Flower terrace (1982)

Just like the Water garden, the Flower terrace dating from 1982 is a garden without grass. The basic principle here is the connection between house and garden. The garden consists of two identical squares, positioned slightly away from each other and with a difference in height of 15 cm.

Design and planting

Usually a terrace is designed directly next to the house which means that the garden view is one of paving and garden furniture. By making a smaller terrace adjoining the house and a larger one further away in the garden for the garden furniture, plants can be placed closer to the house. Using this method the garden  becomes part of the house and from the house one can see the plants. When planning this garden Mien Ruys discarded her credo “ straight forms and rigid planting’  by giving the flowerbeds irregular shapes. The paths consist of light grey brick paving stones. The joins run both in the length and width of the path forming a pattern of lines. In the two squares the lines run in a different direction, emphasizing the architectural shape of the two squares. The difference in height is created by  placing the bricks on their sides using cement glue to fix them together.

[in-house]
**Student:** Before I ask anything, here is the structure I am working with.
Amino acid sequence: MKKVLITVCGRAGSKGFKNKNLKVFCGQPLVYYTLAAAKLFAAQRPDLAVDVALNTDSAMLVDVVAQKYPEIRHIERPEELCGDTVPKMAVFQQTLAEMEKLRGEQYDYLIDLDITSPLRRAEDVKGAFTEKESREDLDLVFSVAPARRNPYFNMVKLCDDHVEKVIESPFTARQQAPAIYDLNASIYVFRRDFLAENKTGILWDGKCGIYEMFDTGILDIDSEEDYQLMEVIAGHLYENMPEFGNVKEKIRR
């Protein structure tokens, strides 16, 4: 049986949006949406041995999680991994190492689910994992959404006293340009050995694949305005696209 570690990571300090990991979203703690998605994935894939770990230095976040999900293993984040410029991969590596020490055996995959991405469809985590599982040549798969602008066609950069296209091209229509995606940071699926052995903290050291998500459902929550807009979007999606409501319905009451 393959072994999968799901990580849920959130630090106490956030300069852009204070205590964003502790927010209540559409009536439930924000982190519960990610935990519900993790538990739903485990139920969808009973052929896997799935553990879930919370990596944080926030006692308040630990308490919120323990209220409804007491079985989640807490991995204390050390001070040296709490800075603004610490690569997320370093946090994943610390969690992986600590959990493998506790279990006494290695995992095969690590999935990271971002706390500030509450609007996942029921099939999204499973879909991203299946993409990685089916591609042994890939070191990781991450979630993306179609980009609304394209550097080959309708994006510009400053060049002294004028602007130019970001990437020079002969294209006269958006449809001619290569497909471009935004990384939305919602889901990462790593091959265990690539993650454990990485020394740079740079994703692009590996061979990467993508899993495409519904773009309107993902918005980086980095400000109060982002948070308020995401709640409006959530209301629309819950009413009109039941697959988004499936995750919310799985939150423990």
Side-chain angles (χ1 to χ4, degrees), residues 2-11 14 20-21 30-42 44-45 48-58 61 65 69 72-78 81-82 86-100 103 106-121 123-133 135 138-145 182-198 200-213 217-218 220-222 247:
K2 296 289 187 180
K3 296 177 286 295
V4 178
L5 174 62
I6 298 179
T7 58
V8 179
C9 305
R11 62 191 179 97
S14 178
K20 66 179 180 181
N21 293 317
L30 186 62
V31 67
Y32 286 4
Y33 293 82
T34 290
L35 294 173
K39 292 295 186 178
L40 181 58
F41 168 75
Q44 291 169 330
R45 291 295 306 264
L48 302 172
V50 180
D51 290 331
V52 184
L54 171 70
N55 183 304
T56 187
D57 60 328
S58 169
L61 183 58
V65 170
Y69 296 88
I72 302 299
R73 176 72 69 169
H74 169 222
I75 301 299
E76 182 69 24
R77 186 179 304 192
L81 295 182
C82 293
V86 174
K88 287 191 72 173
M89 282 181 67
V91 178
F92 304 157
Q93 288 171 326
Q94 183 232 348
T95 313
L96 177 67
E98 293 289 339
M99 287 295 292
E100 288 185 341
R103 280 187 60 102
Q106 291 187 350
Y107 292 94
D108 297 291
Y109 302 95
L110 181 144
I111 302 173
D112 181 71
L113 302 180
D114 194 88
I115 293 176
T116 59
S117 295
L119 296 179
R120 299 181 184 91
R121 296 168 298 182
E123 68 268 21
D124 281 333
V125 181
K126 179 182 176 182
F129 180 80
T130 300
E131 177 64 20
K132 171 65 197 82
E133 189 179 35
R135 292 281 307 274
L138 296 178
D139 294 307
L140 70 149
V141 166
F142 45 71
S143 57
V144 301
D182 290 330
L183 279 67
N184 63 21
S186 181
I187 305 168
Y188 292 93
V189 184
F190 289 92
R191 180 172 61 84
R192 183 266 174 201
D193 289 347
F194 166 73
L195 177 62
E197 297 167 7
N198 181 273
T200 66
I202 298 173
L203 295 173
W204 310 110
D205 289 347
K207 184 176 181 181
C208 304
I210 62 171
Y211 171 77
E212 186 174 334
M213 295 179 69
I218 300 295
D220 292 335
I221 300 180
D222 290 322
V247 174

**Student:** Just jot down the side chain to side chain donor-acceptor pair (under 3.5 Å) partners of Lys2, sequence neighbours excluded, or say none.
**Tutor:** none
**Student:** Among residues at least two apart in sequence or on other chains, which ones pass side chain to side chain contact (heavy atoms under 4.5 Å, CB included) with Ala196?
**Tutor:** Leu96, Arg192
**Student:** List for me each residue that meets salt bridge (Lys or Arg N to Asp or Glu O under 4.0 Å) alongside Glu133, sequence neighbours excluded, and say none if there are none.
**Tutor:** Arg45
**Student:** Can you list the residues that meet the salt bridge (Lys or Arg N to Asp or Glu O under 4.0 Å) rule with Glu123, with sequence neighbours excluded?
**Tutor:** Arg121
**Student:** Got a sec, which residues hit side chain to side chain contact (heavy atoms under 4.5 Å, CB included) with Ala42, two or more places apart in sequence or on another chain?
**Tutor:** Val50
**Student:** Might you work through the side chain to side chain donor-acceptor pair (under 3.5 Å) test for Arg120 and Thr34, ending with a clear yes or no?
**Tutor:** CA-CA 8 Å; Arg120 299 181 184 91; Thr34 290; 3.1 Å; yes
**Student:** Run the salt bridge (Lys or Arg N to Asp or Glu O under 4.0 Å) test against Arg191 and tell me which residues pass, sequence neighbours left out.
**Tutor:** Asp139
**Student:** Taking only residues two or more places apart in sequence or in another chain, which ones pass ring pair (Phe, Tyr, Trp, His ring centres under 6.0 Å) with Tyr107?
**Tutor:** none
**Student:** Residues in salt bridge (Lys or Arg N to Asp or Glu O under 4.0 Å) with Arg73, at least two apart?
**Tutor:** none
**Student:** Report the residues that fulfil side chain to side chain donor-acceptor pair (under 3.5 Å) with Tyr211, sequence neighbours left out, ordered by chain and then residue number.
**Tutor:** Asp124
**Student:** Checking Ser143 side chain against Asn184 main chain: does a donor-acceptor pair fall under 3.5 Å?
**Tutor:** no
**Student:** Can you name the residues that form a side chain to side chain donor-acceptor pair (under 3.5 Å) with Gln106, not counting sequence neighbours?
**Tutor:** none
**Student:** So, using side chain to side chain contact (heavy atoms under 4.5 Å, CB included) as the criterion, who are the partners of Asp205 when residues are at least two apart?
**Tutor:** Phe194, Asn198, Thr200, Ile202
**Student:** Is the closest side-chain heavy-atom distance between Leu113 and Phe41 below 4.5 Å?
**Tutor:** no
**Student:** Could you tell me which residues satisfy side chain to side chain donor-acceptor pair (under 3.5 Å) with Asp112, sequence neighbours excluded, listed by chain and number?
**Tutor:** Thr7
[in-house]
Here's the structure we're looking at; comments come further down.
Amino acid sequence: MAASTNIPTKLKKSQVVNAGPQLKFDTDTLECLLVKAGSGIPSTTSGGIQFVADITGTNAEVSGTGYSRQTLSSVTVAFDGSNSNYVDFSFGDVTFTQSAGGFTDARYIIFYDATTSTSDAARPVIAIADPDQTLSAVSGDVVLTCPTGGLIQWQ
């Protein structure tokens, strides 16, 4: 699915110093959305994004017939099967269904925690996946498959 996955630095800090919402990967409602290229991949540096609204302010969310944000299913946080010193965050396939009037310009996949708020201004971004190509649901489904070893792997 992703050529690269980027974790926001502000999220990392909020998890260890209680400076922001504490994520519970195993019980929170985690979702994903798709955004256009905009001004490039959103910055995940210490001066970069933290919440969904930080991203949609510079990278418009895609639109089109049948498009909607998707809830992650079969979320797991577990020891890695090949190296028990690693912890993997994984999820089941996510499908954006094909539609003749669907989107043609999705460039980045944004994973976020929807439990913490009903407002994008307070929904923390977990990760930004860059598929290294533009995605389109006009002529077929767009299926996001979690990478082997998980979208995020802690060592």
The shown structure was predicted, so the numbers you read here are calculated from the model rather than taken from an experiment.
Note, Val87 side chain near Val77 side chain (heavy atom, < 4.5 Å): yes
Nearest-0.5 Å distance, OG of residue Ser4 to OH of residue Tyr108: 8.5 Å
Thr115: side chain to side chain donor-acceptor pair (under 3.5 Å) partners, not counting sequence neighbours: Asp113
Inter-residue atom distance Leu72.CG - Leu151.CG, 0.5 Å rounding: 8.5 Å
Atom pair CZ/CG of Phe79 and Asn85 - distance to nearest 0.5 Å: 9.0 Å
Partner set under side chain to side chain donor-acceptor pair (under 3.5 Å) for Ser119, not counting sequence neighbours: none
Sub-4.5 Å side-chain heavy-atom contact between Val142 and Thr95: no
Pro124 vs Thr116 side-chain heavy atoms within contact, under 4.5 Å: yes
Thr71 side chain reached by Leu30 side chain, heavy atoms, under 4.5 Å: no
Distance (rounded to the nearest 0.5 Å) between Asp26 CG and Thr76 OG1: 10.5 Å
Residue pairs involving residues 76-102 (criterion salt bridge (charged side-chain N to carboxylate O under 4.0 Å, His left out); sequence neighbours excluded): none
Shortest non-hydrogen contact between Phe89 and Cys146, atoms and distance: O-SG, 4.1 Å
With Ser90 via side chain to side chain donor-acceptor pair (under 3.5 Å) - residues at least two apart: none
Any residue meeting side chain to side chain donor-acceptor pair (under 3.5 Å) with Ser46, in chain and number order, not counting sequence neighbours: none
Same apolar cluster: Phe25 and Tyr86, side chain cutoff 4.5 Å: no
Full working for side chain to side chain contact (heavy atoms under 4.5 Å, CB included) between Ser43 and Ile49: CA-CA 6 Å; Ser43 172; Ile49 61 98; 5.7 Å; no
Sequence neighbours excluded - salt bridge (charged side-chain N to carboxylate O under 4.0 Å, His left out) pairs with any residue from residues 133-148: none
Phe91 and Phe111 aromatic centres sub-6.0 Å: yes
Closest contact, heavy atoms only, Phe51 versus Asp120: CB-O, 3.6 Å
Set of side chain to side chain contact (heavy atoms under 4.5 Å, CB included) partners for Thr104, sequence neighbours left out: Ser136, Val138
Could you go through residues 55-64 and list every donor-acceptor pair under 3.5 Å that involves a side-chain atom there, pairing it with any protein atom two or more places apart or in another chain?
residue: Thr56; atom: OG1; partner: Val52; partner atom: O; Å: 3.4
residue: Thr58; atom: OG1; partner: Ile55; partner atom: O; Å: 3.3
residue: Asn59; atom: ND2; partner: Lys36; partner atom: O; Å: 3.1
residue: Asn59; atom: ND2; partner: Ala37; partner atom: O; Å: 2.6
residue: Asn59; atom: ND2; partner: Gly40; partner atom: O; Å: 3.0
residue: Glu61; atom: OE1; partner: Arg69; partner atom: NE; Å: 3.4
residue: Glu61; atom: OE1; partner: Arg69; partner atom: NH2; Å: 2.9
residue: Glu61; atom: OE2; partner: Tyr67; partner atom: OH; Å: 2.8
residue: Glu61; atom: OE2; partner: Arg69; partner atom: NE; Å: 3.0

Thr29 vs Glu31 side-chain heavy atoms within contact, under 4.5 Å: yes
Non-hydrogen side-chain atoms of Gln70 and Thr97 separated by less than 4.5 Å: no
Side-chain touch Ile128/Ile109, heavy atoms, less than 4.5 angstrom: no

In this particular garden there are plants everywhere. They can always be seen from the house and so the garden has to look  well-kept all year round. This is achieved by including evergreens, conifers and ornamental grasses. As the design of the flowerbeds  differs from a border, these beds also have to look good from all angles.

In order to experiment with plants suitable for chalky soil, the garden was raised and the soil replaced by clay mixed with rock flour. This garden design enables you to walk all around the plants.


Since 1982 little has changed in this garden. Before that time Mien Ruys experimented here with roses following a principle of Blowing bubbles . In 1993 a third square was added to the Flower garden for the Grasses.